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Commentary: Glittery confidence is as potent as jet fuel

 Freesia McKee
Rich Egger
Freesia McKee

On the long drives I take across the Midwest to visit family and share my poetry, I tune into the radio. Recently, I’ve been immersed in news of legislation that shuts down drag shows and limits opportunities for transgender people within healthcare, education, libraries, and other aspects of public life.

I’m here to tell my story, which is that the first drag show I ever attended was inside a church. I was fourteen and a member of one of the few progressive congregations at the time in Milwaukee. In 2004, it was only a few months after Wisconsin’s ban on marriage equality. So, at our youth convention, we decided to host the Miltown Kings, a troupe who showed up and gave us their all, a multi-act, mustachioed, bedazzled extravaganza rocking the sanctuary with lip-synched pop music in our house of worship. Time slowed down as we watched performer after performer lean into the gender binary’s failures, contradictions, and sharpest angles as they demonstrated possibilities for more expansive and original gender expression. At the end of the show, the performers received a standing ovation, and afterwards, many of us asked for their autographs.

But even then, in the early 2000s, a few adult congregants questioned whether drag performances were suitable for teenagers. I think these bystanders were uncomfortable with the drag performers’ glittery confidence because they could see it was as potent as jet fuel. In drag, confidence is the secret ingredient, as solid as a diamond and hewn through the same pressures. There is nothing more powerful than seeing someone take the thing they’re bullied for and say, “You know what? I’m going to flaunt it.” There is something healing about serving as an audience member, participating in that transformation of pain into pride.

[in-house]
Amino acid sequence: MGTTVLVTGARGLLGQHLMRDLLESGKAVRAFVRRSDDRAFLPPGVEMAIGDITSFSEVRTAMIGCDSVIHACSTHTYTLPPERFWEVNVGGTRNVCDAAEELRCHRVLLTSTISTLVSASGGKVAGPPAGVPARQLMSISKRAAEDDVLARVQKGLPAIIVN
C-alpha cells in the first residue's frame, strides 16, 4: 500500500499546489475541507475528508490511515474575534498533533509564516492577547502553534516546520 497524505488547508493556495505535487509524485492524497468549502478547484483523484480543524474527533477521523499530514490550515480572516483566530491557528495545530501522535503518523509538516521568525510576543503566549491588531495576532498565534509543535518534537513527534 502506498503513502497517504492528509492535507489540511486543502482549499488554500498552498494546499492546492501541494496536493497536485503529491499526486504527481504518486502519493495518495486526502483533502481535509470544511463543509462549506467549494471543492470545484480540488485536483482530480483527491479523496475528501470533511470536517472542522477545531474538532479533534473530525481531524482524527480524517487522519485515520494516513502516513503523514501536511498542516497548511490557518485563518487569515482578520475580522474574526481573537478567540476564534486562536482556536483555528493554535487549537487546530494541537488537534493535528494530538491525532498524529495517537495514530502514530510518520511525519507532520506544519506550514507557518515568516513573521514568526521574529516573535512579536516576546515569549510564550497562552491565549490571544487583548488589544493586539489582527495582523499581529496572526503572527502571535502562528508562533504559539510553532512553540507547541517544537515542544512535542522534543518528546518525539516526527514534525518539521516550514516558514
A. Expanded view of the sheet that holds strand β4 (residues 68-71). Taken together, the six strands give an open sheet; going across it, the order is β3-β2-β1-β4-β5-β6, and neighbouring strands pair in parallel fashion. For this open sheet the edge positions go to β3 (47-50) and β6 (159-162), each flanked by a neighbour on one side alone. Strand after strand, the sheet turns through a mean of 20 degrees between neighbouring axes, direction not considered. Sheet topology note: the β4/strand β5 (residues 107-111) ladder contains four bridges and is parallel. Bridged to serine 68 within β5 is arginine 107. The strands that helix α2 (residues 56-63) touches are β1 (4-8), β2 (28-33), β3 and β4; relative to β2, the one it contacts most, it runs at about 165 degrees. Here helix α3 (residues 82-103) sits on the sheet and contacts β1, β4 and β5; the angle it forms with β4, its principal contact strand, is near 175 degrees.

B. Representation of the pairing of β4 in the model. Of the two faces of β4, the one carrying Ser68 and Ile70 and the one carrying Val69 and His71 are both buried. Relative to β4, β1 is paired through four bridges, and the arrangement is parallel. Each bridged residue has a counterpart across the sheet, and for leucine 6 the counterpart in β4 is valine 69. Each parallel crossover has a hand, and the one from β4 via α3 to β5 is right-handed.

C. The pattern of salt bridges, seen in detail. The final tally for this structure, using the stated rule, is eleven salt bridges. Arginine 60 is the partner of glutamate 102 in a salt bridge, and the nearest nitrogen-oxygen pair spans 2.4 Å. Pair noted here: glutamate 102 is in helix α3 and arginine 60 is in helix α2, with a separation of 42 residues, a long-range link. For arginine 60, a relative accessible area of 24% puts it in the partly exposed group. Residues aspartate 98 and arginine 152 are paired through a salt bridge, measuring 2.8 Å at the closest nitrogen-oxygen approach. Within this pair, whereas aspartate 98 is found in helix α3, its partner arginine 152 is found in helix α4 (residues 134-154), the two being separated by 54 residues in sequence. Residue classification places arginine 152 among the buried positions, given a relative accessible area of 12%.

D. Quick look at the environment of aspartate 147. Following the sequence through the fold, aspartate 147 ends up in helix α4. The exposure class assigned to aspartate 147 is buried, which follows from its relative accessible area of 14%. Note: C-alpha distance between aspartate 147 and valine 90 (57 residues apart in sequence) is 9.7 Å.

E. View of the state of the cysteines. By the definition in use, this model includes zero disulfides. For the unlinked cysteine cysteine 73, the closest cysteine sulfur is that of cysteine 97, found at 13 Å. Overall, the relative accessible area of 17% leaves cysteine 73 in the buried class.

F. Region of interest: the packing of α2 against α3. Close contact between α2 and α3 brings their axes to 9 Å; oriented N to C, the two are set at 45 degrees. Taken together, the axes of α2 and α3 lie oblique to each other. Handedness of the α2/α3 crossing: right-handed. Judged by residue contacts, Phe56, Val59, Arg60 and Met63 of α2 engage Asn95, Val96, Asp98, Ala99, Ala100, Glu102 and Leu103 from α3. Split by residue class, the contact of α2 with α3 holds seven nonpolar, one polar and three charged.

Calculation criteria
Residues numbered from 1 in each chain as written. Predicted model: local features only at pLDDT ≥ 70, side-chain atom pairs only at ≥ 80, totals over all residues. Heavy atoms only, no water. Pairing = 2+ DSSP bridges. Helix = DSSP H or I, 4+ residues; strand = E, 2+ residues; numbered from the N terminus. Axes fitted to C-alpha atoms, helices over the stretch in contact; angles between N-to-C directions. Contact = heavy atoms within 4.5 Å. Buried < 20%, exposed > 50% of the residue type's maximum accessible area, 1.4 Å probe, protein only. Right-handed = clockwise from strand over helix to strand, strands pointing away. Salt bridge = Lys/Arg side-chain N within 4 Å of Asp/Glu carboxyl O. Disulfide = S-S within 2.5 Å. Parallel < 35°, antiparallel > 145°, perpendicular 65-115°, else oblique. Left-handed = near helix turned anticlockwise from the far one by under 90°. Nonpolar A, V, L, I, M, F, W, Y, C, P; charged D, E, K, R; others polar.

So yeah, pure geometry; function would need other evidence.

Those in the top seats of governmental power tend to be afraid of grassroots, contemporary art-making. Tennessee’s drag ban this year proved again that the people afraid of possibility are afraid of living artists, especially those in drag, an art form directed as we know it by trans women of color. People afraid of possibility are afraid of inhabiting the body, preferring disconnection. People afraid of possibility are not living their best lives.

I wish you had been there in 2004 after that drag show at my church. For many of my friends, it was a transcendent experience, an invitation to recognize those things in us we’d usually do anything to hide. We talked about the drag show all day, and then we kept talking about it for years, the acts we loved and the creative decisions the performers made. It was something we talked about. Before that show, I had seen drag queens growing up, going to Milwaukee PrideFest every year. The first time we saw those queens dressed in their fineries, seated on Pride parade floats, waving to the crowds like Miss America, my five-year-old little sister yelled, “Hello, Hollywood!”

When I think of the many transgender people who have been in my life since I was a small child, I think of resilience and I think of survival. I think of the strength of struggle. Some of our friends are not here anymore to talk about their experiences: job discrimination, housing insecurity, incarceration, and worse. When I think of the trans people in my life, I also think of an immensity of fierce love, love that is fought for, love exerted, love we must sometimes name to see.

I hear of the attacks on drag shows and those false claims that art created by trans people is somehow dangerous. I feel sick to my stomach, a pain that goes back many years. Then, I try to remember specific moments of joy: A drag show with my cousin in Montreal. Watching my partner perform on-stage as I sat in an audience between my parents. A country music drag show on Zoom in the early, lonely days of the pandemic. Drag as protest, drag as music, drag as movement, drag as public art, drag as participation, drag as a sacred place, drag as a family reunion.

I know that in every small Midwestern town, there are trans people and allies. This is the thing that gives me solace as I witness open hatred daily. The truth is that everywhere, even here, trans people and allies outnumber the haters. We will not be ousted because we are rooted. We will not be diminished because we are infinite. We have powerful stories to tell. The only thing to do is raise the volume.

Freesia McKee is a poet who teaches English at Western Illinois University.

The opinions expressed are not necessarily those of the university or Tri States Public Radio.

Diverse viewpoints are welcomed and encouraged.